Thirteen years after joining Ms. Mer´s company of children, all but one of the original troupe were dead: One had been so affected by the killing of a young girl, he launched a suicide attack on the Israeli town of Hadera; two had perished in the Battle of Jenin, killed in the theatre school´s rehearsal hall from where they had fired on advancing Israeli forces. One had become the Jenin leader of the al- Aqsa Martyrs´ Brigades militant group and was hunted down and killed.

Only Zakariya Zubeidi had survived. Imprisoned for throwing rocks, and again for throwing Molotov cocktails, he had been released after the 1993 Oslo Accords and joined the Palestinian police. He left the force, as a sergeant, disillusioned, he said, by the corruption he encountered.

In 2002, his mother and brother were killed when Israeli forces moved into Jenin camp. Once again, Mr. Zubeidi picked up a weapon.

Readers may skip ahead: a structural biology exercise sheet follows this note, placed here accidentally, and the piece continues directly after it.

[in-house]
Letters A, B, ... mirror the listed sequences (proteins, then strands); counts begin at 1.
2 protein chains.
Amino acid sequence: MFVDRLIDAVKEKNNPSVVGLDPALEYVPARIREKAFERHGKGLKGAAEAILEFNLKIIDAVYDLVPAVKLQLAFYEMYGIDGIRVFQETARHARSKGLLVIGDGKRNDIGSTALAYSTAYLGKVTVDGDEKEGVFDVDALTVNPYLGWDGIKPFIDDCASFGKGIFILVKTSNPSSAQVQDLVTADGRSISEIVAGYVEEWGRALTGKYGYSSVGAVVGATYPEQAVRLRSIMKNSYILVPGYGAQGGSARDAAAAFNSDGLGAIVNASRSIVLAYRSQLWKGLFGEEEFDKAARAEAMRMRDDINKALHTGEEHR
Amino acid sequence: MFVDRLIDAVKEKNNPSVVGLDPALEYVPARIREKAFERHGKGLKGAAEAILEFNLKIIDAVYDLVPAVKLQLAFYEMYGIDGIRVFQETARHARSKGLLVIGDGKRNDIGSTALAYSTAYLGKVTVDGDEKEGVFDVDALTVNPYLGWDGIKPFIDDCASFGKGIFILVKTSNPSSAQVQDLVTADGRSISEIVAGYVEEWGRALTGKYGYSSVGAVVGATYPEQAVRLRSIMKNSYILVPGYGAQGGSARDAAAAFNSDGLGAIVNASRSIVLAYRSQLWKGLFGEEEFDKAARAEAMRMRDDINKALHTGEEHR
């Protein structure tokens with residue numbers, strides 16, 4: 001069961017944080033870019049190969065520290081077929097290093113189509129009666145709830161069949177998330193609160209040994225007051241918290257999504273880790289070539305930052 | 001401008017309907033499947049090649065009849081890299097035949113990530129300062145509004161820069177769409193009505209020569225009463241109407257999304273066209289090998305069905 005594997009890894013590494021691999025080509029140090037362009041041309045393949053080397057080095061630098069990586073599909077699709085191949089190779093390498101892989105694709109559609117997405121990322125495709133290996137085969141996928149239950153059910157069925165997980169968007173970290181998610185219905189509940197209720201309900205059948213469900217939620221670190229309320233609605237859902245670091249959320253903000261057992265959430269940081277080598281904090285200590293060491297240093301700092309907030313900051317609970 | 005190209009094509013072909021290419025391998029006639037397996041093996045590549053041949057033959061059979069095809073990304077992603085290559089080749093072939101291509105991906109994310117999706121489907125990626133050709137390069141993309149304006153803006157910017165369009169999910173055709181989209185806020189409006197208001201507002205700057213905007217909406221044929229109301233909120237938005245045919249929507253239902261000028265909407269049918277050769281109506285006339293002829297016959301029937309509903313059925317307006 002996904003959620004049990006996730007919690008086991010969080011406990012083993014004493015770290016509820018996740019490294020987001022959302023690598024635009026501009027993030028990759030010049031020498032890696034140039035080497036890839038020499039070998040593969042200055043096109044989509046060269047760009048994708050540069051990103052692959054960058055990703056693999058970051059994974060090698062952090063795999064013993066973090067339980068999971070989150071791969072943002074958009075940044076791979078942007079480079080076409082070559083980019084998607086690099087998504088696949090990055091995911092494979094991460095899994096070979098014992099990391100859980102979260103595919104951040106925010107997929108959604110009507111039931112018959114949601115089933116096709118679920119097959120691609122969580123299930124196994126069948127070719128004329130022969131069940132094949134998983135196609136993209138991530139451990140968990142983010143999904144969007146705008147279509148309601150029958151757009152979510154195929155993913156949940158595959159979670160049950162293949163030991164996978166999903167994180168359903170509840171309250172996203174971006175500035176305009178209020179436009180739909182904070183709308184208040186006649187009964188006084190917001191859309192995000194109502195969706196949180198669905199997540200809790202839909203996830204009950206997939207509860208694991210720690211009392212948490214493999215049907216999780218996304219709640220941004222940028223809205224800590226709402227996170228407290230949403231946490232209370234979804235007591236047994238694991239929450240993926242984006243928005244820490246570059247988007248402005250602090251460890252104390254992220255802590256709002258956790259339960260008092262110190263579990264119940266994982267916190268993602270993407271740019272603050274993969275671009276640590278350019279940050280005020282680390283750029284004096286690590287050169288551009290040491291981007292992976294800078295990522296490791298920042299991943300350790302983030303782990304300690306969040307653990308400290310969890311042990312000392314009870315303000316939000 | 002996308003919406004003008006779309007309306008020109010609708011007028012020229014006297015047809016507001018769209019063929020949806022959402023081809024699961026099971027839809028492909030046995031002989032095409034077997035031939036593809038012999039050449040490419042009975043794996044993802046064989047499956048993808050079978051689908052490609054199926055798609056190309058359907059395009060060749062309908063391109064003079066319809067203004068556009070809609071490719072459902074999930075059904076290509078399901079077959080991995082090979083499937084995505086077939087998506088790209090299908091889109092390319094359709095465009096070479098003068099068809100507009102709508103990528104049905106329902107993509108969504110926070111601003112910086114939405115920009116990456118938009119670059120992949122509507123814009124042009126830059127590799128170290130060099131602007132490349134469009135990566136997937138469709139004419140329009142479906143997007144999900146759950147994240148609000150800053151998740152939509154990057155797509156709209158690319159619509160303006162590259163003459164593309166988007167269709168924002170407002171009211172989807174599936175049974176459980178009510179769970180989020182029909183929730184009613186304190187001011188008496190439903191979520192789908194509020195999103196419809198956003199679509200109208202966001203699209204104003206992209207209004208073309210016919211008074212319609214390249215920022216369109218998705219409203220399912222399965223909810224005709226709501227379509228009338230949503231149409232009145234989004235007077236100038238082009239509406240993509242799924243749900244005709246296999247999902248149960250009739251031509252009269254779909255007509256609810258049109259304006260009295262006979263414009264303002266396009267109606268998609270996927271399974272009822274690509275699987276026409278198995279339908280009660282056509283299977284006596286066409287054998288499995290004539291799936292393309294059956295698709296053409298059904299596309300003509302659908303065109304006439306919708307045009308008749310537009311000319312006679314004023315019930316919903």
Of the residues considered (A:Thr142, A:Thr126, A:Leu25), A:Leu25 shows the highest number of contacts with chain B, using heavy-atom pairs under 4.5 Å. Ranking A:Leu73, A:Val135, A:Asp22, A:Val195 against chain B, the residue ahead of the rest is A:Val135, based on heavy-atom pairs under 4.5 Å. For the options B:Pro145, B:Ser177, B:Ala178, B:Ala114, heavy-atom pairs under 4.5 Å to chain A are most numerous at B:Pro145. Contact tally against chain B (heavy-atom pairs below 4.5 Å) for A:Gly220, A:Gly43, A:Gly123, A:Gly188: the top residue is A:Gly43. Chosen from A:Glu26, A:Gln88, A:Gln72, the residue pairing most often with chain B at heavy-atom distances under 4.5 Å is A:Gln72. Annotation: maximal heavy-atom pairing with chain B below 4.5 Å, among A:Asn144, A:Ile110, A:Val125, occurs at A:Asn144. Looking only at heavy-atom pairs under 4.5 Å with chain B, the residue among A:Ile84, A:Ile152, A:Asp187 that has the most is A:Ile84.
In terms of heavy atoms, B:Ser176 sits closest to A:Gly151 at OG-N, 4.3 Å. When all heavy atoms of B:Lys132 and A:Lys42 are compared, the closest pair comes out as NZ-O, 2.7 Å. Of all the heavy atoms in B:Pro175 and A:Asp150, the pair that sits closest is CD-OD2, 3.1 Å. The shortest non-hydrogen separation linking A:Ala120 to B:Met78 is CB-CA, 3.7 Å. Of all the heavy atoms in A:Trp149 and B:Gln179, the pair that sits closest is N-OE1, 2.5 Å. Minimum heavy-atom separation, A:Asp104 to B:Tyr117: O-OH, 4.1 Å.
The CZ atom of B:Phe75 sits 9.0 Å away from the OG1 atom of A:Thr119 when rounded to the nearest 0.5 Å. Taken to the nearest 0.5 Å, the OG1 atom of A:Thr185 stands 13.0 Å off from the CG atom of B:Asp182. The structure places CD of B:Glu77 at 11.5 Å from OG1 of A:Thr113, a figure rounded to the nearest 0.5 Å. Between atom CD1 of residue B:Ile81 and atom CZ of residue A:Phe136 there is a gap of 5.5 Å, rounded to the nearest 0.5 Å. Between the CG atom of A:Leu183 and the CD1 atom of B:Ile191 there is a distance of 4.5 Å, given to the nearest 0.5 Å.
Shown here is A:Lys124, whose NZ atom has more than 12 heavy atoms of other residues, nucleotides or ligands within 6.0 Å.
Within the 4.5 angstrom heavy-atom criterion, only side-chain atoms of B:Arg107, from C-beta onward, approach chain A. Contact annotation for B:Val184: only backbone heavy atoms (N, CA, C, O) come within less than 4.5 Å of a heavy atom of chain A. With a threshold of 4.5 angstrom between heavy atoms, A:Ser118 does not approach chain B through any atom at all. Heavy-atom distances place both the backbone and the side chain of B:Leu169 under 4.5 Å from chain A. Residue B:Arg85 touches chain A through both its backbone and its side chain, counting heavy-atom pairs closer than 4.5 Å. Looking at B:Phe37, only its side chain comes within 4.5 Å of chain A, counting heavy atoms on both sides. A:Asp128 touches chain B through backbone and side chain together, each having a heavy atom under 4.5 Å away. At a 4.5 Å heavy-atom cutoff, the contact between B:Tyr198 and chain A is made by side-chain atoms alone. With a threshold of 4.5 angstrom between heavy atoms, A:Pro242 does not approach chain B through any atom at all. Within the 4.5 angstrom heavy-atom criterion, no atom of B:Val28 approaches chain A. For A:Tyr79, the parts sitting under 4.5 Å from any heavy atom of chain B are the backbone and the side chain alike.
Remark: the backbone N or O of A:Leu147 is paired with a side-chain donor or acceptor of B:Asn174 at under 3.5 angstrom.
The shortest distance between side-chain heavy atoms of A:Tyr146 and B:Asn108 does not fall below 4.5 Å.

He survived the intense battle in Jenin and, somewhat reluctantly, succeeded his friend as the leader of the al-Aqsa militants.

Mr. Zubeidi, his face still badly marked by a bomb of his own making, said in an interview last week that he did not approve of suicide missions, only military attacks on Israeli soldiers and settlers. High on Israel´s most wanted list, however, he somehow survived several assassination attempts.

In 2006, Mr. Zubeidi approached Juliano Mer Khamis, his old drama tutor and, by that time, an award-winning filmmaker, and urged him to reopen the theatre school.

Mr. Zubeidi, by this time a husband and father, said he wanted the next generation to find a better way to express itself.

I was fed up with the fighting,” he said. “It didn´t get us [Palestinians] anywhere.”
Arna's school had not resulted in a single original student supporting pacifism. Every single one of the original kids there became a militant.

It is hard to imagine that any random classroom of Palestinian Arab kids in the West Bank, or even in Gaza, would have such a stunning record of churning out terrorists.

Juliano's film, instead of castigating what was by any measure a catastrophic failure of the vision of his mother, romanticized it by claiming that Israeli measures are so bad that every single child was driven into terror, despite his mother's efforts.

From Mother Jones' tribute to Juliano and description of his film: